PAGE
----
- by New Deal democrat
Monthly data showed NY area manufacturing in decline, and Mid-Atlantic manufacturing fell off a cliff to one of its worst readings ever. Despite that, industrial production was up in July. Inflation was hot at +0.5%. Home sales declined, but remained generally flat in the larger picture. Leading Indicators for July were up +.9, largely on the back of a surge in money supply thought partly to be a flight to safety from European to American banks.
The high frequency weekly indicators reflected that emotional volatility and appear to be at a crossroads where any further deterioration will signal outright contraction - but are within their range from the last month.
This week let's begin by looking at those items which had the biggest moves. The first three smell of panic:
Money supply -a leading indicator - continued to surge. M1 was flat for the week, but increased 5.5% m/m, and 20.8% YoY, so Real M1 was up 17.2%. M2 increased 0.4% w/w, and also increased 2.6% m/m, and 9.9% YoY, so Real M2 was up 6.3%. The YoY increase in M1 in the last two weeks is the highest in history.
Weekly BAA commercial bond rates decreased .07% to 5.31%. Yields on 10 year treasury bonds much further, however, down .35% to 2.27%. This indicates almost a huge increase in fear of deflation, and also a significant increase in the relative distress in the corporate market, indicating increased relative fear of rising corporate defaults.
The Mortgage Bankers' Association reported that seasonally adjusted mortgage applications decreased a whopping -10.1% last week. For only the 2nd time in the last 12 weeks, the YoY comparison in purchase mortgages was negtive, down -1.1% YoY. Refinancing increased another 8.0% w/w due to cliff-diving interest rates, but was still -16.3% below last year.
Other series also tipped back into contraction this week:
The American Staffing Association Index declined from 88 to 87. This series' trend is now worse than 2007, and has completedly stalled, just as it did in mid 2008.
The Oil choke collar loosened slightly more. Oil finished at $82.70 a barrel on Friday. This is the lowest price in a year, and is over $10 below its recession-trigger level. Gas at the pump fell $.07 to $3.60 a gallon. Gasoline usage was -2.8% lower than a year ago, at 9195 M gallons vs. 9459 M a year ago.
The American Association of Railroads reported that total carloads decreased -0.1% YoY, down 600 carloads YoY to 527,900 for the week ending August 13. Intermodal traffic (a proxy for imports and exports) was up 1900 carloads, or 0.8% YoY. The remaining baseline plus cyclical traffic was down 3400 carloads, or -1.6% YoY%. Rail traffic has been negative YoY for 3 of the last 6 weeks. Using the breakdown of cyclical vs. baseline traffic that was graciously provided to me by Railfax, baseline traffic was down 3400 carloads, or -1.2%YoY (all of which and then some can be laid to coal shipments, down 5600 carloads YoY), while cyclical traffic was up 4200 carloads, or +3.9% YoY.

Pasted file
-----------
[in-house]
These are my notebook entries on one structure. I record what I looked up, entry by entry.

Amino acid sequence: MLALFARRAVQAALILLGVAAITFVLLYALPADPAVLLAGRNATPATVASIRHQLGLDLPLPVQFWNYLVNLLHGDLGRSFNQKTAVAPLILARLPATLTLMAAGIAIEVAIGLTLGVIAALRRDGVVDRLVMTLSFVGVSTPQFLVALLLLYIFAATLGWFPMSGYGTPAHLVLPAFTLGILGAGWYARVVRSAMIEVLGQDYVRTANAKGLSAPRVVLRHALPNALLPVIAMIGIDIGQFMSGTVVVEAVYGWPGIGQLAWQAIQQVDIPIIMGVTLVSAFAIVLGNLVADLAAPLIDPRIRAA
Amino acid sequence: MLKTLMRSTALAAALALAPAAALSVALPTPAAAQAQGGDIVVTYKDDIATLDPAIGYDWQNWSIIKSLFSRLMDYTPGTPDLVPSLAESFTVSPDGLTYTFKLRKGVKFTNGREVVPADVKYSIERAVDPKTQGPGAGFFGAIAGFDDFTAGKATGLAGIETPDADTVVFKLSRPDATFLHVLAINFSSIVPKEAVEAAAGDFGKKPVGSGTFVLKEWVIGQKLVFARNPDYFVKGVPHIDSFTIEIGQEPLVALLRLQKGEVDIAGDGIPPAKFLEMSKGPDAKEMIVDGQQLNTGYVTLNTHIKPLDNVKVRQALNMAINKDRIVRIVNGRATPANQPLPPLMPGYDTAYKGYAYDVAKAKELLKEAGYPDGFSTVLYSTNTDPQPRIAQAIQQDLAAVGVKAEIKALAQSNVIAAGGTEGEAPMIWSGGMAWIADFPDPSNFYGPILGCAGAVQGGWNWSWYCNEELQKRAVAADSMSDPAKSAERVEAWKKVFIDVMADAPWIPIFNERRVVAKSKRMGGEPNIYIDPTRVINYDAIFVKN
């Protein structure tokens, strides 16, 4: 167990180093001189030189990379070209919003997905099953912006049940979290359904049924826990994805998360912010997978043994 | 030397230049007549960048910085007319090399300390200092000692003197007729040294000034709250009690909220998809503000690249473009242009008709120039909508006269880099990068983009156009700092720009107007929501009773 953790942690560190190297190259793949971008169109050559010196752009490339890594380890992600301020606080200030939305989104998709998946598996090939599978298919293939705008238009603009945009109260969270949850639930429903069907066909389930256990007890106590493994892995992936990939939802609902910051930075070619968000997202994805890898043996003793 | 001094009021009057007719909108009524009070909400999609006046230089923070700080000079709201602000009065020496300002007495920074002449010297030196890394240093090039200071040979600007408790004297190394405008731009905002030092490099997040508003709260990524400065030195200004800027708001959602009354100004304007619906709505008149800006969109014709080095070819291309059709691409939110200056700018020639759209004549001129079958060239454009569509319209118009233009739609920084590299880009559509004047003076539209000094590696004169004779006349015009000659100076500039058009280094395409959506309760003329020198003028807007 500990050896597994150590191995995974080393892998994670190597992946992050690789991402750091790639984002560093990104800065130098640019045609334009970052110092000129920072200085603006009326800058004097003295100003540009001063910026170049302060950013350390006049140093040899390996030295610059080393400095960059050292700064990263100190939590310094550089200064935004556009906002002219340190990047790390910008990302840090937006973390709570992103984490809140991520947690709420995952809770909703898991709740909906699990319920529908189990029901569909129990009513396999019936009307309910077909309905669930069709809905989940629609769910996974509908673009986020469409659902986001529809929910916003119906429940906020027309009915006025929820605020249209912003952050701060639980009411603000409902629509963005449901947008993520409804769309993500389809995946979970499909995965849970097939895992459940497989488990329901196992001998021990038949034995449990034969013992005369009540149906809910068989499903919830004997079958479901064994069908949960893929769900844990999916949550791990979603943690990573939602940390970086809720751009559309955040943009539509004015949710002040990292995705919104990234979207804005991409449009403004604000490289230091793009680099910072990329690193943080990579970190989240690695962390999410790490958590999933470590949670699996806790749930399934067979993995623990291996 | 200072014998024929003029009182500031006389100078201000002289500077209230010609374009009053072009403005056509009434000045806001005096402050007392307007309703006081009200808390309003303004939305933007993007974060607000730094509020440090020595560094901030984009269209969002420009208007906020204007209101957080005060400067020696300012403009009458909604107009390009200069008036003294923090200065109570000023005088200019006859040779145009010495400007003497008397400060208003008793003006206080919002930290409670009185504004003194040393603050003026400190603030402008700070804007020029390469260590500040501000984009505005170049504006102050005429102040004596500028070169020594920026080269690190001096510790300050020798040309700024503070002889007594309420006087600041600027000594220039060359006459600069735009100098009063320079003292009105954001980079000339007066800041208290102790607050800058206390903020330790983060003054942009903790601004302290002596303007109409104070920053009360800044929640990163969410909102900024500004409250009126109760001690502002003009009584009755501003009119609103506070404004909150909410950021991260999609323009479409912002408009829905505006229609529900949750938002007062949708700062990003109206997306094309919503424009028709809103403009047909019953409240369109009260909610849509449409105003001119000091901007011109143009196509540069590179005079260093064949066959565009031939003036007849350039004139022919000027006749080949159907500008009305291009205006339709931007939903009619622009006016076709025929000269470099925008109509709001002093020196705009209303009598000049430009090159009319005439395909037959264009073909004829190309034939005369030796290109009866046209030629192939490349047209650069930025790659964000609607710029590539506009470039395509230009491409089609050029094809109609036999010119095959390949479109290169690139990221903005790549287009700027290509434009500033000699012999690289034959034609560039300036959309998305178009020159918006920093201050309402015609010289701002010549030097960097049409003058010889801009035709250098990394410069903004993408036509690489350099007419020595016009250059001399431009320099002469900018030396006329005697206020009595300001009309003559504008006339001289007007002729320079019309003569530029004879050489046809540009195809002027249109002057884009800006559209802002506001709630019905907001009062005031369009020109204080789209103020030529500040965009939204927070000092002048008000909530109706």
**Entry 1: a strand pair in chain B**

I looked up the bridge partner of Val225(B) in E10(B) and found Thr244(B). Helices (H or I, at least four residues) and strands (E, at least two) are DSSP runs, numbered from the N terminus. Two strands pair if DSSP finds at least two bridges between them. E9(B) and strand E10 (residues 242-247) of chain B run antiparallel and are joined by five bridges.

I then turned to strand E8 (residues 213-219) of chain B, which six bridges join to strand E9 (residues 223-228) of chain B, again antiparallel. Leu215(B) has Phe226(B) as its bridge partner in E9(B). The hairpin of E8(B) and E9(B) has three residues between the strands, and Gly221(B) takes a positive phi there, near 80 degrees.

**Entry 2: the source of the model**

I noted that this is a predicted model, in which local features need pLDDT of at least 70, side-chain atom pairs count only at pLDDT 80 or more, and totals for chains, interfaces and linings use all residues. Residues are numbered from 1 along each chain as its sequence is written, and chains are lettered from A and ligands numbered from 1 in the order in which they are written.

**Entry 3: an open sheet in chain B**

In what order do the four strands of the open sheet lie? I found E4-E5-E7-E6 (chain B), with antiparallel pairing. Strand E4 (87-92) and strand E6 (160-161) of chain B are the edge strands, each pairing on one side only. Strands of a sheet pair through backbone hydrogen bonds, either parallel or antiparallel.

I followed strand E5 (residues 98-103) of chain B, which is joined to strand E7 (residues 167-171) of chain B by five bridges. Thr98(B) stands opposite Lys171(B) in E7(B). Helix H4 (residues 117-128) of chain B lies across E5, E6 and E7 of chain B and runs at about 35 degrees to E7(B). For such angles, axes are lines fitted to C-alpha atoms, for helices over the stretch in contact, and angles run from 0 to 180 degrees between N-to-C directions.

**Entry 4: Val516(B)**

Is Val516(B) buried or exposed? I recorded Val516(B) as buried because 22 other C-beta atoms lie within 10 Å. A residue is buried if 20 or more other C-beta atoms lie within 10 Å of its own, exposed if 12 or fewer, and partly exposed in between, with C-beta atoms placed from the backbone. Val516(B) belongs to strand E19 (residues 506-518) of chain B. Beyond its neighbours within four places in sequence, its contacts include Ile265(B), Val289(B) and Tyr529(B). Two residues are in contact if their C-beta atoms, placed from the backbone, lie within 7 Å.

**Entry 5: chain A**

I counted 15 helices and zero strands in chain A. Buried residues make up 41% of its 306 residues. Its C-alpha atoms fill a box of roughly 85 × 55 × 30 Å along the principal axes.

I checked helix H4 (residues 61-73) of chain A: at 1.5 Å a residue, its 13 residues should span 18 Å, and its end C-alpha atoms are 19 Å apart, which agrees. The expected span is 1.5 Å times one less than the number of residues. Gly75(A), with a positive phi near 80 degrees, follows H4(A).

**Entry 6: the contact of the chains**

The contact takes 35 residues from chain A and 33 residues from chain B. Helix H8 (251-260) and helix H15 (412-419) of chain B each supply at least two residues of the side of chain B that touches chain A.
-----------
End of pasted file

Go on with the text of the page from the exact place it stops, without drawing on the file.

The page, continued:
Employment related data has been improving considerably in the last month, and several other series remained sanguine:
Initial jobless claims have clearly reversed their April - June upturn and are solidly trending back downward. The BLS reported Initial jobless claims of 408,000. The four week average decreased to 402,500. Jobless claims remain decisively below their recent range, and with the exception of 7 weeks in February - April of this year, are lower than they have been in 3 years.
Adjusting +1.07% due to the 2011 tax compromise, the Daily Treasury Statement showed that for the first 14 days of August 2011, $93.7 B was collected vs. $92.5.7 B a year ago, for an increase of $1.2 B. For the last 20 days, $142.6 B was collected vs. $125.9 B a year ago, for an increase of $16.7 B, or 13.3%. With the exception of last week, withholding tax collections have rebounded strongly for the last 5 weeks.
Retail same store sales continue to perform well. The ICSC reported that same store sales for the week of July 30 increased 3.5% YoY, and decreased -0.5% week over week. Shoppertrak reported a 3.6% YoY increase for the week ending July 30 and a WoW increase of 2.5%. This is the sixth week in a row of a strong rebound for the ICSC, joined for the third week by Shoppertrak.
Finally, continuing a real positive trend boding well for the longer term future, YoY weekly median asking house prices from 54 metropolitan areas at Housing Tracker showed that asking prices once again declined only -2.9% YoY. For the second week in a row, this is the smallest YoY decline since May 2007. The areas with double-digit YoY% declines remained at 6. The areas with YoY% increases in price increased by one more to 12. A few months ago only 3 or 4 areas had actual increases, and well over 10 had decreases. At the beginning of this year, only one metro area was showing YoY increases.
The question we face is whether the rapid contraction -- shown in the Philly Fed, in consumer confidence, in purchase mortgage applications, in treasury bond yields, and mirrored in surging money deposits -- that may have been a visceral pavlovian freeze in reaction to the debt debacle and fears about Europe, become self-reinforcing or not.
Have a nice weekend!